Ezekiel 16:9
Then washed I you with water; yes, I thoroughly washed away your blood from you, and I anointed you with oil.
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EXPOSITORY (ENGLISH BIBLE)
(9-14) These verses describe the purifications and preparations for marriage to one of high rank (comp. Esther 2:9; Esther 2:12). The reality corresponding to the figure is, of course, the Divine care over Israel at Sinai, in the wilderness, and in the conquest of Canaan.

16:1-58 In this chapter God's dealings with the Jewish nation, and their conduct towards him, are described, and their punishment through the surrounding nations, even those they most trusted in. This is done under the parable of an exposed infant rescued from death, educated, espoused, and richly provided for, but afterwards guilty of the most abandoned conduct, and punished for it; yet at last received into favour, and ashamed of her base conduct. We are not to judge of these expressions by modern ideas, but by those of the times and places in which they were used, where many of them would not sound as they do to us. The design was to raise hatred to idolatry, and such a parable was well suited for that purpose.The usual purifications for marriage. 9. washed I thee—as brides used to pass through a preparatory purification (Es 2:12). So Israel, before the giving of the law at Sinai (Ex 19:14); "Moses sanctified the people, and they washed their clothes." So believers (1Co 6:11).

oil—emblem of the Levitical priesthood, the type of Messiah (Ps 45:7).

Then, Heb. And: this continueth the allegory, and declareth what more was done to prepare this virgin for advancement by this marriage covenant.

Washed I thee: it was a very ancient custom among those Eastern people, as appears Ruth 3:3 Es 2 12, to purify virgins who were to be espoused ere long; and it is likely the prophet alludes to that, Exodus 19:10.

I throughly washed away: the same thing, by a very usual figure, repeated to confirm and illustrate what is spoken; the word in Hebrew notes an abundant washing, a rinsing of what was washed to make it cleaner; it includes a bathing, as Leviticus 15:10.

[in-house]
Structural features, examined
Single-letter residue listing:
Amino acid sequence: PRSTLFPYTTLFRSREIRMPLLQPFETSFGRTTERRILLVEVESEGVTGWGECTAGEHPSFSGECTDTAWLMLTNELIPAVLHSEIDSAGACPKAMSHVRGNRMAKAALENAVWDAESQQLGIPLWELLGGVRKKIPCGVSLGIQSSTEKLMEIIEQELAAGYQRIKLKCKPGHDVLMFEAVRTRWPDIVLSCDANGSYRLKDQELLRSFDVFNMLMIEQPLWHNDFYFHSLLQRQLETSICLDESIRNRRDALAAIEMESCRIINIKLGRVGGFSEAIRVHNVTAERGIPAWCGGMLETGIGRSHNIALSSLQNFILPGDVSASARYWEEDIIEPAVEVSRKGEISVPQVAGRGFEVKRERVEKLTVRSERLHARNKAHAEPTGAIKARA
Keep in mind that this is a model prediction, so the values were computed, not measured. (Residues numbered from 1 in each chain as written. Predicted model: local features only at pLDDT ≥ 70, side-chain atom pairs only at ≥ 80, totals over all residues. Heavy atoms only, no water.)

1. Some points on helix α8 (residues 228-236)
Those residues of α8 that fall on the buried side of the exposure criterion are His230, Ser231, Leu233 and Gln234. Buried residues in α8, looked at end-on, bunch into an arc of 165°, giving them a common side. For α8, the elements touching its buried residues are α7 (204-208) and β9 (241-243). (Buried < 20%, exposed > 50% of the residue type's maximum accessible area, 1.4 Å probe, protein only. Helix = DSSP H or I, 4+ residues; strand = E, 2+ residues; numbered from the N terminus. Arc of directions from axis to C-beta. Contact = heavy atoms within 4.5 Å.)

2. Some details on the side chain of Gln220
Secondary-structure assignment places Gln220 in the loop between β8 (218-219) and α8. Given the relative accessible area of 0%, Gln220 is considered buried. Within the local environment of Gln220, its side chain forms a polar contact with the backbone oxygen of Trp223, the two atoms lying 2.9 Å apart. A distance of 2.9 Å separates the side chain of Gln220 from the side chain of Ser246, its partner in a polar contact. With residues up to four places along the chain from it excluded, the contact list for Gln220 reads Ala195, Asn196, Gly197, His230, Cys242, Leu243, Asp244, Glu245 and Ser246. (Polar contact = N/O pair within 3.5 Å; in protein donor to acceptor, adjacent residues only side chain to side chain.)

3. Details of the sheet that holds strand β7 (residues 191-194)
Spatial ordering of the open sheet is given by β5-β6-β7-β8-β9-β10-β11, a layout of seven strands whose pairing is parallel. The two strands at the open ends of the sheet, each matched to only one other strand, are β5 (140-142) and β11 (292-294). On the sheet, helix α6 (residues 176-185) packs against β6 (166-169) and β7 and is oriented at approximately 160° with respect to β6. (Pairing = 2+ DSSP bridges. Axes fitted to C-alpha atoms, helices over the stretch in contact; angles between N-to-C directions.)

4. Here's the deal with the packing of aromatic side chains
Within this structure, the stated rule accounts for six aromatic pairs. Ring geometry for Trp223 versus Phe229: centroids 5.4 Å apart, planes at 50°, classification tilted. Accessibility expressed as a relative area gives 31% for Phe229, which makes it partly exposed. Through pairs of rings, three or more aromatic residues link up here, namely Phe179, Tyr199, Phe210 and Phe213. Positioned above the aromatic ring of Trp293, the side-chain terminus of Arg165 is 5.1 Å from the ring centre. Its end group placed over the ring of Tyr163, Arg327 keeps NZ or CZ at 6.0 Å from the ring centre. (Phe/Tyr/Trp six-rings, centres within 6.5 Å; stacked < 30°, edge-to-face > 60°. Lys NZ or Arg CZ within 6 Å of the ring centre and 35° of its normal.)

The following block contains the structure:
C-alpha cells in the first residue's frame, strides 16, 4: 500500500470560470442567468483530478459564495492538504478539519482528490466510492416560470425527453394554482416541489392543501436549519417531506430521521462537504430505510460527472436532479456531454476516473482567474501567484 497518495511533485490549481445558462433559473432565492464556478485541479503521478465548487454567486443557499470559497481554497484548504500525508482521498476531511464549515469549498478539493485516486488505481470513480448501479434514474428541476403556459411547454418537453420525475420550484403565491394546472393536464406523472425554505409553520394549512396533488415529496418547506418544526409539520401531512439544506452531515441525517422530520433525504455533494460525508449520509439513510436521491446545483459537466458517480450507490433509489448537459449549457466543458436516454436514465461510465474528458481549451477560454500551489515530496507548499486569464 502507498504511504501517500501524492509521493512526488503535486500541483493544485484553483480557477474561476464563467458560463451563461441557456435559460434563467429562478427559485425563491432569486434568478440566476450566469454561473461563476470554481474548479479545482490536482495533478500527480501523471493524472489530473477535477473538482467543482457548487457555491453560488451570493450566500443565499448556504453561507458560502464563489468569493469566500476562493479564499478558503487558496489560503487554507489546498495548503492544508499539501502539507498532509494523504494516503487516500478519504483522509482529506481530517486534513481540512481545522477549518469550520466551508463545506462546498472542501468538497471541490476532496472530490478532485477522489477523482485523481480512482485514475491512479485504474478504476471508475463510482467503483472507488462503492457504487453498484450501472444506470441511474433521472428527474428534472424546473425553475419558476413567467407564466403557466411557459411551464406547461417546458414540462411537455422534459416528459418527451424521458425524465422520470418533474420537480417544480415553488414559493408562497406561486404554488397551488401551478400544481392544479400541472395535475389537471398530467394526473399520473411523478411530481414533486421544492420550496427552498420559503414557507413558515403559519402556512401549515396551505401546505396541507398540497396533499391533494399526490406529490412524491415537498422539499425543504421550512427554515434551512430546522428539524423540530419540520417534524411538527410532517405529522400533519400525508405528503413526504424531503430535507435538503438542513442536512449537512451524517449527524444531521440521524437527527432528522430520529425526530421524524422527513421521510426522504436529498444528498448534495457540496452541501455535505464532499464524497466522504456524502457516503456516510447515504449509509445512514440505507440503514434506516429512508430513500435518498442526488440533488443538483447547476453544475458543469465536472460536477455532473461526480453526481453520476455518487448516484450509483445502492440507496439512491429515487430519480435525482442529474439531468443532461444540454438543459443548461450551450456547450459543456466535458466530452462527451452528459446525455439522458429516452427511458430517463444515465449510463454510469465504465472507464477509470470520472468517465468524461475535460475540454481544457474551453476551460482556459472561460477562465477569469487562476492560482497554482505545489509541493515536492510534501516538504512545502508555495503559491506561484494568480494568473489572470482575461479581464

Thy blood; thy original and birth pollution, which rendered thee displeasing to the eye, and unfit for the familiar and loving entertainment of a husband.

I anointed thee; not to royal sovereign dignity, this is expressed by another word in the Hebrew; but anointed as they that were to be married, as Ruth 3:3 Esther 2:12; or as those who were to come into the presence of great and noble personages, as Daniel 10:3; or as such who would look with cheerfuller countenances, and change their sad and mournful deportment, as 2 Samuel 12:20: it is not improbable it may allude to the bounty of God toward the Jews in a land flowing with oil. Spiritually these refer to our cleansing by the blood of Christ, and by his sanctifying Spirit. Then washed I thee with water,.... Brought the Israelites out of the mean, abject, servile, and sordid state in which they were, when among the mortar, bricks, and pots, into a state of liberty; so the Targum,

"and I redeemed you from the servitude of the Egyptians; and I removed the strength of dominion from you, and brought you into liberty;''

perhaps some reference may be had to the ceremonial ablutions enjoined them; they were washed before the covenant was made with them at Mount Sinai, just referred to; their priests, sacrifices, vessels, and all unclean persons, were to be washed, and purifications were prescribed them: